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Palestine in the Age of Trump

By Rashid Khalidi* for The New Yorker — With the advent in Washington of an Administration with radical new priorities regarding Israel, and a disdain for Palestinian rights, Palestine is facing a daunting reality. In recent years, ascendant political currents in America and Israel had already begun to merge. We have now reached the point where envoys from one country to the other could almost switch places: the Israeli Ambassador in Washington, Ron Dermer, who grew up in Florida, could just as easily be the U.S. Ambassador to Israel, while Donald Trump’s Ambassador-designate to Israel, David Friedman, who has intimate ties to the Israeli settler movement, would make a fine Ambassador in Washington for the pro-settler government of Benjamin Netanyahu.

Whereas America’s solicitous concern for Israel and its disregard for the Palestinians were once cloaked behind evenhandedness, under Trump we are set to see a more complete convergence between America’s political leadership and the most chauvinistic, religious, and right-wing government in Israel’s history. It will be this Israeli government and its new American soul mates who will call the tune in Palestine for at least the next several years.
The entire Palestinian political and economic structure set up since the 1993 Oslo Accords was predicated on the idea that it would evolve into a genuine, viable, and contiguous Palestinian state. That illusion, held by many Palestinians, has by now been dispelled. This flawed structure was also based on the premise, a naïve one at best, that the United States had a national interest in moderating Israeli behavior and achieving a modicum of justice in the Middle East. That premise, too, has been demolished.
For Palestinians, the Palestinian Authority, set up by the Oslo Accords ostensibly as part of an interim arrangement for Palestinian self-rule, will continue to do more harm than good. Few people understand that the colonization of Palestinian land and the nearly fifty-year-old Israeli military occupation—among the longest in modern history—would not be sustainable today without American and Israeli sponsorship of the P.A. and its U.S.-trained security forces. The P.A.’s criminalization of any form of resistance to dispossession, discrimination, and Israel’s permanent military control have made it, in effect, a tool of collaboration with the occupation. Even bloggers and peaceful demonstrators are subject to arrest and harassment by P.A. forces. The way this institution operates against its own people provides a preview of the future that both American and Israeli officials will now foresee for Palestinians in the occupied territories: a future that is constricted, controlled, and void of sovereignty and self-determination.
It is abundantly clear that the United States, in the age of Trump, and Israel, in the age of Netanyahu, will do nothing to change this picture. In this context, the Palestinians face stark choices. They can either submit to the dictates of the U.S. and Israel or they can fundamentally and urgently redefine their national movement, their objectives, and their modes of resistance to oppression. It is time for Palestinians to abandon the failed experiment of the P.A., and to abandon forms of violence that only harden the sway of the right wing over Israeli politics. It is time to mobilize the vast energies of the Palestinian diaspora and stop thinking of Palestine as just those fragments under Israeli occupation. And it is time to begin to imagine ways in which Palestinians and Israelis will finally be able to coexist in complete equality in the small country they will ultimately have to share, once it is free of the domination of one group over the other. These will be exceedingly hard tasks for the Palestinians, coming after they have suffered decades of war, dispossession, and occupation.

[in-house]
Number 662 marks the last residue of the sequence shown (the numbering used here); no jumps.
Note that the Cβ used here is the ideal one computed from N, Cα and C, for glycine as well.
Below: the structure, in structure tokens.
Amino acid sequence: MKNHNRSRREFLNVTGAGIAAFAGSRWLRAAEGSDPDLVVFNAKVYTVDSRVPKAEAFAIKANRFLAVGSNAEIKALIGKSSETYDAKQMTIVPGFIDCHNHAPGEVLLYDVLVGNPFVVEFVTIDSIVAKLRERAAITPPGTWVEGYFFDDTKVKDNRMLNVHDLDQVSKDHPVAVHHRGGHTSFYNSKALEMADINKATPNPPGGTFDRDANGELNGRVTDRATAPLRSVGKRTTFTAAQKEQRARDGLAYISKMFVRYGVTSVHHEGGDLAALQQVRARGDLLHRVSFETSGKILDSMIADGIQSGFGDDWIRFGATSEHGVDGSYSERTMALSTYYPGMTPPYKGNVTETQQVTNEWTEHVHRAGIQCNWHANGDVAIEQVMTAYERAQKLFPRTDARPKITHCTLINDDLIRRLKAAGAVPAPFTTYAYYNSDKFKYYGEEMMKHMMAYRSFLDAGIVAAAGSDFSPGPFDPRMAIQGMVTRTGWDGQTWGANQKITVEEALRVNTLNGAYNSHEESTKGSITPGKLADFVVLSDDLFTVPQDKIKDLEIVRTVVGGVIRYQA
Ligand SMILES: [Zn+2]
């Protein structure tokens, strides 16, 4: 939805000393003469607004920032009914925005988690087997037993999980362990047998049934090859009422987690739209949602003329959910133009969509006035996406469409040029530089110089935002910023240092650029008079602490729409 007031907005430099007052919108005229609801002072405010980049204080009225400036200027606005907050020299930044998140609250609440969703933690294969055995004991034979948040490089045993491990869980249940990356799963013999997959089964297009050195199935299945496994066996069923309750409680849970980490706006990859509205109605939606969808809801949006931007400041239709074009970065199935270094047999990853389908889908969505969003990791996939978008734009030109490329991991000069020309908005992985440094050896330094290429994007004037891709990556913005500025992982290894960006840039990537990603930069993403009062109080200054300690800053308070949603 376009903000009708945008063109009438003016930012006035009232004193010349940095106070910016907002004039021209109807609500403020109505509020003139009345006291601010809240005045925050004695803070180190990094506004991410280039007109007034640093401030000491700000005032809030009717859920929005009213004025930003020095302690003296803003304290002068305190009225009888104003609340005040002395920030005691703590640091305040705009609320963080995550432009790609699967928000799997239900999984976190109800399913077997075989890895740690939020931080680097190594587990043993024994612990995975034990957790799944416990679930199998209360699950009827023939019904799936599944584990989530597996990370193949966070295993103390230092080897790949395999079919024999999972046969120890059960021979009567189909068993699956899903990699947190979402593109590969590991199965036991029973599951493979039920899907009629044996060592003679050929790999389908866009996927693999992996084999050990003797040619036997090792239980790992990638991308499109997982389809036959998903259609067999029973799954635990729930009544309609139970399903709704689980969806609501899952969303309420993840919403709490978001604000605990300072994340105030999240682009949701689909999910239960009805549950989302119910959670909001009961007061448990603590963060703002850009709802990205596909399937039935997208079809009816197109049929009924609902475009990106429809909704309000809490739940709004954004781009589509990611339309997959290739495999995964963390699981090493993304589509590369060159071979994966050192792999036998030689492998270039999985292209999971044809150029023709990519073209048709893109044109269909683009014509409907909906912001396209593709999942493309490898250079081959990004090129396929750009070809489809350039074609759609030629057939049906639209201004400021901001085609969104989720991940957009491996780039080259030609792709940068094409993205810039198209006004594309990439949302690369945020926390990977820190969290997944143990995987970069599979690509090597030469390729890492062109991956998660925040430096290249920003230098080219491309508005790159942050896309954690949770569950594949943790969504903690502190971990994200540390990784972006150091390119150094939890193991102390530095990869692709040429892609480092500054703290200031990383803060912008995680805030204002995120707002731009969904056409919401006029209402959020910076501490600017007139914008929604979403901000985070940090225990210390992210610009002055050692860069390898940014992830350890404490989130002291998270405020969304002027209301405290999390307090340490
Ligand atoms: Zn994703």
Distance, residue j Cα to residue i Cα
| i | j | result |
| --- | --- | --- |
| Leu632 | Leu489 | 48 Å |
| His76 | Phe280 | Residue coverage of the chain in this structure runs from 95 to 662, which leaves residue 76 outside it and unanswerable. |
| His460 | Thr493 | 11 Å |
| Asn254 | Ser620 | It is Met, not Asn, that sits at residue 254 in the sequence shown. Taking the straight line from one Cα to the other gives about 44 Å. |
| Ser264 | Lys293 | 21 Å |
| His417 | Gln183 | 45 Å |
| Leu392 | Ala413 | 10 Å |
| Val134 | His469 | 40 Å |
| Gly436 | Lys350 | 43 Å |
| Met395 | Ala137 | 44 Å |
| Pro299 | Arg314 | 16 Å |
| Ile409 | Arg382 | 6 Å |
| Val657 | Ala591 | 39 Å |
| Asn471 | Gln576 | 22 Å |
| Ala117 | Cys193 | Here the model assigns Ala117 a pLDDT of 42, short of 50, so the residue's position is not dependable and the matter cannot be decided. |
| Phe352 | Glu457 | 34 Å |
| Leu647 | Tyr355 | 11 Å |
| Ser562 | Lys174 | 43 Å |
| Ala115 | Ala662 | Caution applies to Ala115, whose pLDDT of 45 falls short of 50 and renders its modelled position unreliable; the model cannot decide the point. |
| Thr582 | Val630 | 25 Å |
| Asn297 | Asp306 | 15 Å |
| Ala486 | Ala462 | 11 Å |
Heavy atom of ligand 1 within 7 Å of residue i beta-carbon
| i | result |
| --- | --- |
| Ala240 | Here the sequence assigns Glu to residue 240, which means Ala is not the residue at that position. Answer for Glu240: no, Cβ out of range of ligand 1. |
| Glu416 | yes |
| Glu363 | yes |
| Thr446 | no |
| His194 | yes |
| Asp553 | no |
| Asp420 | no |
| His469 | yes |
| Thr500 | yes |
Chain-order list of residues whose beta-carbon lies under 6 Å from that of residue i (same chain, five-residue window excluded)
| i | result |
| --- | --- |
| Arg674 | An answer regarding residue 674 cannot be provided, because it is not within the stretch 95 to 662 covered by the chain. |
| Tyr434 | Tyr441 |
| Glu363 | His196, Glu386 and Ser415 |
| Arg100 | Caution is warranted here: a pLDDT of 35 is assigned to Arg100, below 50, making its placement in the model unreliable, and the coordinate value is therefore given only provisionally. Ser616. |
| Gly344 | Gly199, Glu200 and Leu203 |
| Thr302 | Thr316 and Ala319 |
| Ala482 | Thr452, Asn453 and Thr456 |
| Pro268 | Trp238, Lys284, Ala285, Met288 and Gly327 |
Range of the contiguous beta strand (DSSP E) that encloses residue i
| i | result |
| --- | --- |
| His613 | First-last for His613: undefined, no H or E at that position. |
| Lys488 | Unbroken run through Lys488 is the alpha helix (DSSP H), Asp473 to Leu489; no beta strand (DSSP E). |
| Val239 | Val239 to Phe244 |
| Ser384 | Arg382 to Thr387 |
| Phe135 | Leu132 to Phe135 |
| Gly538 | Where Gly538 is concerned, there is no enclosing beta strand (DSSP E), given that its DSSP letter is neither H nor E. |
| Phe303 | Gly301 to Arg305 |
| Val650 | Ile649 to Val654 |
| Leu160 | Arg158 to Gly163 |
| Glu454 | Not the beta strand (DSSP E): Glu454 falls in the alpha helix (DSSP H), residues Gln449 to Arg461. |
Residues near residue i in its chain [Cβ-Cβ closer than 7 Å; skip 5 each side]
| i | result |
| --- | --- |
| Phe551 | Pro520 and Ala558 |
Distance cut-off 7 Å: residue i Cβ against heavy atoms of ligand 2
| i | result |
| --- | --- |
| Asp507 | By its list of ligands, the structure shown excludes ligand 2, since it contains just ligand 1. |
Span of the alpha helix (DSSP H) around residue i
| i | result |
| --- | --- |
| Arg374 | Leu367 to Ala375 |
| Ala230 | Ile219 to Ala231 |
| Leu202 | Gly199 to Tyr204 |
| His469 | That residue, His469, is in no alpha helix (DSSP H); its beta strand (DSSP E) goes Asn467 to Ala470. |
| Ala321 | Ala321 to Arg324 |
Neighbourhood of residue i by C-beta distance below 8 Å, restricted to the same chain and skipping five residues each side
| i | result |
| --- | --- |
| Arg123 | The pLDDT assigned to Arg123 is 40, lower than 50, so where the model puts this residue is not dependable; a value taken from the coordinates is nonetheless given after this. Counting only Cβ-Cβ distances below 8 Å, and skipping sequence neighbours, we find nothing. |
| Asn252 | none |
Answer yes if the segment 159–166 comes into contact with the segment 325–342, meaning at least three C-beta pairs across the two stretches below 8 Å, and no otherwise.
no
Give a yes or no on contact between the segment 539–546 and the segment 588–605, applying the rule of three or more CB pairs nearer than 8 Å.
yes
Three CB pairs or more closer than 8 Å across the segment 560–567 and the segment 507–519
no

Despite all this, there are signs of hope, at least in the United States. The positions of both the Democratic and Republican Party establishments notwithstanding, American public opinion is shifting rapidly away from uncritical support for Israel. Americans are becoming increasingly sympathetic to the cause of Palestinian freedom. According to a poll released by the Brookings Institution in December, sixty per cent of Democrats, and forty-six per cent of all Americans, support sanctions or stronger action against Israel over its construction of illegal Jewish settlements on occupied Palestinian land. A recently released Pew poll shows that, for the first time, the percentage of Democrats who are sympathetic to the Palestinians is almost equal to those who sympathize with Israel, while liberal Democrats are much more sympathetic to Palestinians (thirty-eight per cent) than they are to Israel (twenty-six per cent).
Over time, perhaps, these changes will filter up to politicians and policymakers in Washington. In the meantime, it is up to individuals of conscience, including those who are resisting the wave of racism and right-wing extremism to be expected in the Trump era, to exert pressure on their elected representatives to live up to professed ideals of freedom and equality, and to hold Israel accountable for its violations of international law and denial of Palestinian national and human rights.

*Rashid Khalidi is the Edward Said Professor of Arab Studies at Columbia University and the author, most recently, of “Brokers of Deceit: How the U.S. Has Undermined Peace in the Middle East.”

Source: The New Yorker

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